I am so busy, so here is a 2fer.
Book Review: Lauren Yanofsky Hates the Holocaust BY Leanne Lieberman
I appreciate that this book plays with a topic that is so often ignored by YA lit: religion. And in particular, discomfort with religion.
Our protagonist Lauren has grown up Jewish in a pretty observant family; she had a bat mitzvah, she used to go to the Jewish youth group, and she had to beg her parents to allow her to exchange the fancy Jewish private school for the ordinary public school. Oh, and she might be questioning her belief in the religion– but that’s to the side of the main point. The main point is that the boy who she’s been flirting with plays Nazi games when he gets drunk and this really appalls her because you see, in addition to it being generally messed up, she has built up multiple layers of holocaust-related trauma. And it’s starting to seem like the entirety of her and her religion is based around the holocaust and her friends don’t understand… My description may seem clunky, but the author actually deals with it all pretty smartly.
This is a really solid book in lots of ways. It’s well-written and has surrounding friendship drama plots, coming of age stuff, imperfect relationships and choices, problematic parenting, familial imperfection.
This unusual book is quite good and it won’t take you too long to read. Check it Out!
The Secret Ingredient by Stewart Lewis
Olivia is 16 and lives with her 2 dads in LA. The family owns a fancy little restaurant that Olivia (genius cook that she is) cooks the weekly specials for. But Oh No! the bankers are coming after the family’s restaurant and house because the business hasn’t been doing so hot. Meanwhile, Olivia gets a really cool part time job, bends some legal rules to try to meet her birth-mom (she’s adopted), spends time with a boy from her past, and encounters a lovely little dose of magic. What will happen?!?!
This is a nice read that covers lots of ground and has a good amount of dimension. I wish there was more character depth and physical description of people and outfits, but that’s just me. There are some really good and detailed descriptions of the food– and I guess that’s closer to where the plot’s at anyway. I’d been missing magic, and this had a tidy little dose of it. Get a copy!
234 pages went by in a flash; if you’ve liked FLB’s other books, you’ll enjoy this one. Like many of Block’s books, this one includes some good magical realism and has elements of a love letter to LA, companionship between weirdos, inspiring sartorial descriptions, and a female protagonist as an explorer.
Plot-wise, Julie lives a sweet life with her awesome mom and grandma, but then grandma dies so she and mom move to an apartment in a new part of LA. Amidst the change and mourning, mom goes weird and gets a strange boyfriend, and Julie makes a friend at school and tries to bring her grandma back with a Ouija board that she finds in the bedroom closet of her new apartment. But it’s not her grandma who comes back. What happens next is surprising and interesting.
I could have gone for a little more length and depth (maybe a little more magic and more details about Julie’s job), but in all, Teen Spirit was quite good.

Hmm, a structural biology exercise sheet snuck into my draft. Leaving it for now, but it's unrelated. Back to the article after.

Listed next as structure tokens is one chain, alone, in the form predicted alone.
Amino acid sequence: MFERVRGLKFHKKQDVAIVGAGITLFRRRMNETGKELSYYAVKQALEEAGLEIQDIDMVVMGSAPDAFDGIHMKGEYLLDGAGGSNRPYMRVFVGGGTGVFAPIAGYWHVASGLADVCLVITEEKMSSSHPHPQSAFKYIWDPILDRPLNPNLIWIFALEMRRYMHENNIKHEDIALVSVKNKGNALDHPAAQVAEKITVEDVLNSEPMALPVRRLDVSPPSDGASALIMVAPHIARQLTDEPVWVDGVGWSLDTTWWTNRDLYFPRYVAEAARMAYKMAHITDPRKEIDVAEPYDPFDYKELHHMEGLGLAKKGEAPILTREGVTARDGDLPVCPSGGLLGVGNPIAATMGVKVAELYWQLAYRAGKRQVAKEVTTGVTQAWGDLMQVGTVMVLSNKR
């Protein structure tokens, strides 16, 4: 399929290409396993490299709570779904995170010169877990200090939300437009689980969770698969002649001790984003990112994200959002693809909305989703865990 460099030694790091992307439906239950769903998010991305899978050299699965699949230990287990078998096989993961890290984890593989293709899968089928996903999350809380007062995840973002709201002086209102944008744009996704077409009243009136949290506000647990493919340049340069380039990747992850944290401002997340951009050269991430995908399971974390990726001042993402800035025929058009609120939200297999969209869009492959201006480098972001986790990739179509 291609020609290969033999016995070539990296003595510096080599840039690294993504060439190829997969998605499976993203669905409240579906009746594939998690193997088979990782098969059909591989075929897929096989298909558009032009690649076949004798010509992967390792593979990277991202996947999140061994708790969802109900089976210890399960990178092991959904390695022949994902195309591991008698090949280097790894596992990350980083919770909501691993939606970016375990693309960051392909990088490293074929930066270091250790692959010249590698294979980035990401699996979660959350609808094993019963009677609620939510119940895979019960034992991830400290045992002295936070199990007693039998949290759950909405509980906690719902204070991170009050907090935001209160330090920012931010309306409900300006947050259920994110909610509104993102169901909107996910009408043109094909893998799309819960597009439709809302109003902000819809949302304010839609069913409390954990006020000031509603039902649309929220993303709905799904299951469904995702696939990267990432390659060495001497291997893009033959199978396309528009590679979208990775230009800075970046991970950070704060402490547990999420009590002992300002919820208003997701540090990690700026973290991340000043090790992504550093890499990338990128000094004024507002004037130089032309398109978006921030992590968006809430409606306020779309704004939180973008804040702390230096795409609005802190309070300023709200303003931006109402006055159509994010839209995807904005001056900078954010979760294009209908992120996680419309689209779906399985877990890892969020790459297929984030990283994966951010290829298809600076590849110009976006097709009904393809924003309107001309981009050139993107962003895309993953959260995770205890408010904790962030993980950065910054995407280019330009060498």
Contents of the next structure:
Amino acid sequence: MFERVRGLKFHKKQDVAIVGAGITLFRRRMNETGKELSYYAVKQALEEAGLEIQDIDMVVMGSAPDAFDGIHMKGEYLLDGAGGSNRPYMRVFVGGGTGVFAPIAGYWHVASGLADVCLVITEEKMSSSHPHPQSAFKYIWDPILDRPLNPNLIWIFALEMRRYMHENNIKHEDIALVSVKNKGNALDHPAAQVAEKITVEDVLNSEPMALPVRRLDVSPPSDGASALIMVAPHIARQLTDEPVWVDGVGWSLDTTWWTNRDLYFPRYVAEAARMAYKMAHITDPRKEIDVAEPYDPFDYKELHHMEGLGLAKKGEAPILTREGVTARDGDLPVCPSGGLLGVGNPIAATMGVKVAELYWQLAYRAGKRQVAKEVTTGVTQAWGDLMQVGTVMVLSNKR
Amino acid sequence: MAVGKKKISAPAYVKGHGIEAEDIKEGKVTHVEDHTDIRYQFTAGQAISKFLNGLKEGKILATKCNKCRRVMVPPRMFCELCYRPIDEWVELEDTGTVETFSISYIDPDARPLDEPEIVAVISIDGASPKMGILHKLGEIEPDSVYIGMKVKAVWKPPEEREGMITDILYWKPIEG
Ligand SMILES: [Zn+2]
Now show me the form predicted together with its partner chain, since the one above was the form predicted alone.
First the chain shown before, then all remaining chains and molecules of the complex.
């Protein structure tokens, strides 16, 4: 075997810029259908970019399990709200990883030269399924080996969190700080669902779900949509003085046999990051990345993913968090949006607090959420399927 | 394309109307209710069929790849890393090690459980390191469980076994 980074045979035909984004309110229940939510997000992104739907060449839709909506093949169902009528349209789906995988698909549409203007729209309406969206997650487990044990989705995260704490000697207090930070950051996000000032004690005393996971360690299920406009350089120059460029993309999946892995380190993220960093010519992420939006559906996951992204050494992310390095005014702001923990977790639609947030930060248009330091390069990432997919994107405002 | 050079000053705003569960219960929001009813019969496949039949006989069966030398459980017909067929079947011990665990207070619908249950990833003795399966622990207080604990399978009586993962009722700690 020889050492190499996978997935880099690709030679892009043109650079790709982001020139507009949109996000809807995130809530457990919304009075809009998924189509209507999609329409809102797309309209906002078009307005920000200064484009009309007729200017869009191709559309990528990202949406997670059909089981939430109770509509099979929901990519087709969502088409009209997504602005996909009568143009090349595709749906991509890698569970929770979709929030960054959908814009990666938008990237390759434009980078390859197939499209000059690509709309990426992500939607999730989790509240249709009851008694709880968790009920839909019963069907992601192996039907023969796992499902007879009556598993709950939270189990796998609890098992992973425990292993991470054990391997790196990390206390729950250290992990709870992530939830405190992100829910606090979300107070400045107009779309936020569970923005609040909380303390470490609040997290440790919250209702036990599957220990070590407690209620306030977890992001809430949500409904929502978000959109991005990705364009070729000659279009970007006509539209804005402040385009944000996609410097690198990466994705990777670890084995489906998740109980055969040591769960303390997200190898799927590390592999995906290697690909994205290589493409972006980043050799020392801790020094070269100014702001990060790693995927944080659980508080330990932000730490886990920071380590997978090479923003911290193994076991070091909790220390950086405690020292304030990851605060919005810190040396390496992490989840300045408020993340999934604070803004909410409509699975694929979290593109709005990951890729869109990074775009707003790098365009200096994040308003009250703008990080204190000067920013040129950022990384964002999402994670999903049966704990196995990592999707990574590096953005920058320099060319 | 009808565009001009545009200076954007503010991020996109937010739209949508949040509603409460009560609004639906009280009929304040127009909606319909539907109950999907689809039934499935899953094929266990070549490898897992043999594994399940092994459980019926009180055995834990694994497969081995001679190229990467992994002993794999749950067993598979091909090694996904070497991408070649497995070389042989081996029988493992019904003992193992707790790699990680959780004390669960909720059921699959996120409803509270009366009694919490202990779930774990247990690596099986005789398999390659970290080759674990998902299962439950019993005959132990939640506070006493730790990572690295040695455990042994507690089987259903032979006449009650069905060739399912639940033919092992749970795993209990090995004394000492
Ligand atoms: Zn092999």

find a copy here
I’m really glad that I found Dana Johnson! I forget how I found out about her as an author– Maybe Library Journal reviews, maybe Amazon recommendations, maybe an old photocopied book list. I wrote a bit about her short story collection, Break Any Woman Down, about a week ago. My write-up was really disjointed because I got all distracted in between reading and writing– but I was interested enough to read more by her.
Break Any Woman Down has two stories about a character named Avery– one as a child, and one when she’s older. Elsewhere, California is a more fleshed out meditation on Avery’s life, flip-flopping between the present and the past to illustrate that your personal history never entirely leaves you. Avery did most of her growing up as an African American female in the suburbs of LA, often in a sea of white kids. As a grownup she’s an artist and a stay-at-home girlfriend to a wealthy Italian immigrant who’s white. The publisher and cataloging descriptions of the book that I’ve found aren’t really the greatest– they tend to be kind of essentialist, I think in hopes to “package” the book nicely for specific “sets” of readers. Basically a lot of stuff that is often rather poignant happens. These happenings involve gender, class, art, and most prominently the state of race and racism in America. These details aren’t really spelled out– it’s more like they’re positioned in a ways that the reader will hopefully notice.
The book is well-written, engaging, and doesn’t take too long to read. The structure of flipping between the past and the present is not problematic, and I found that I was disappointed when it was over.
Find a copy here.
Third Girl From the Left – By Martha Southgate
This book was pretty great! In the 24-hour span that I read it, I found myself continually shunning actual responsibilities in favor of settling in with the book.
It is realistic fiction and tells the story of three generations of African-American women in Tulsa, LA, and New York. Though each of the women are quite different, they are tied together by a love of/connection to film (it’s really not as cheesy as I just made it sound, in any way). Through the course of the novel we read about relationships, playboy bunnies, the Tulsa race riots, film school, affairs, the early Blaxploitation film era, and more. It’s super engaging and well written!
My one critique (structurally speaking) is that one of the women’s stories had much more put into it than the others’, but this actually worked for me because I liked that character the best.
Find a copy here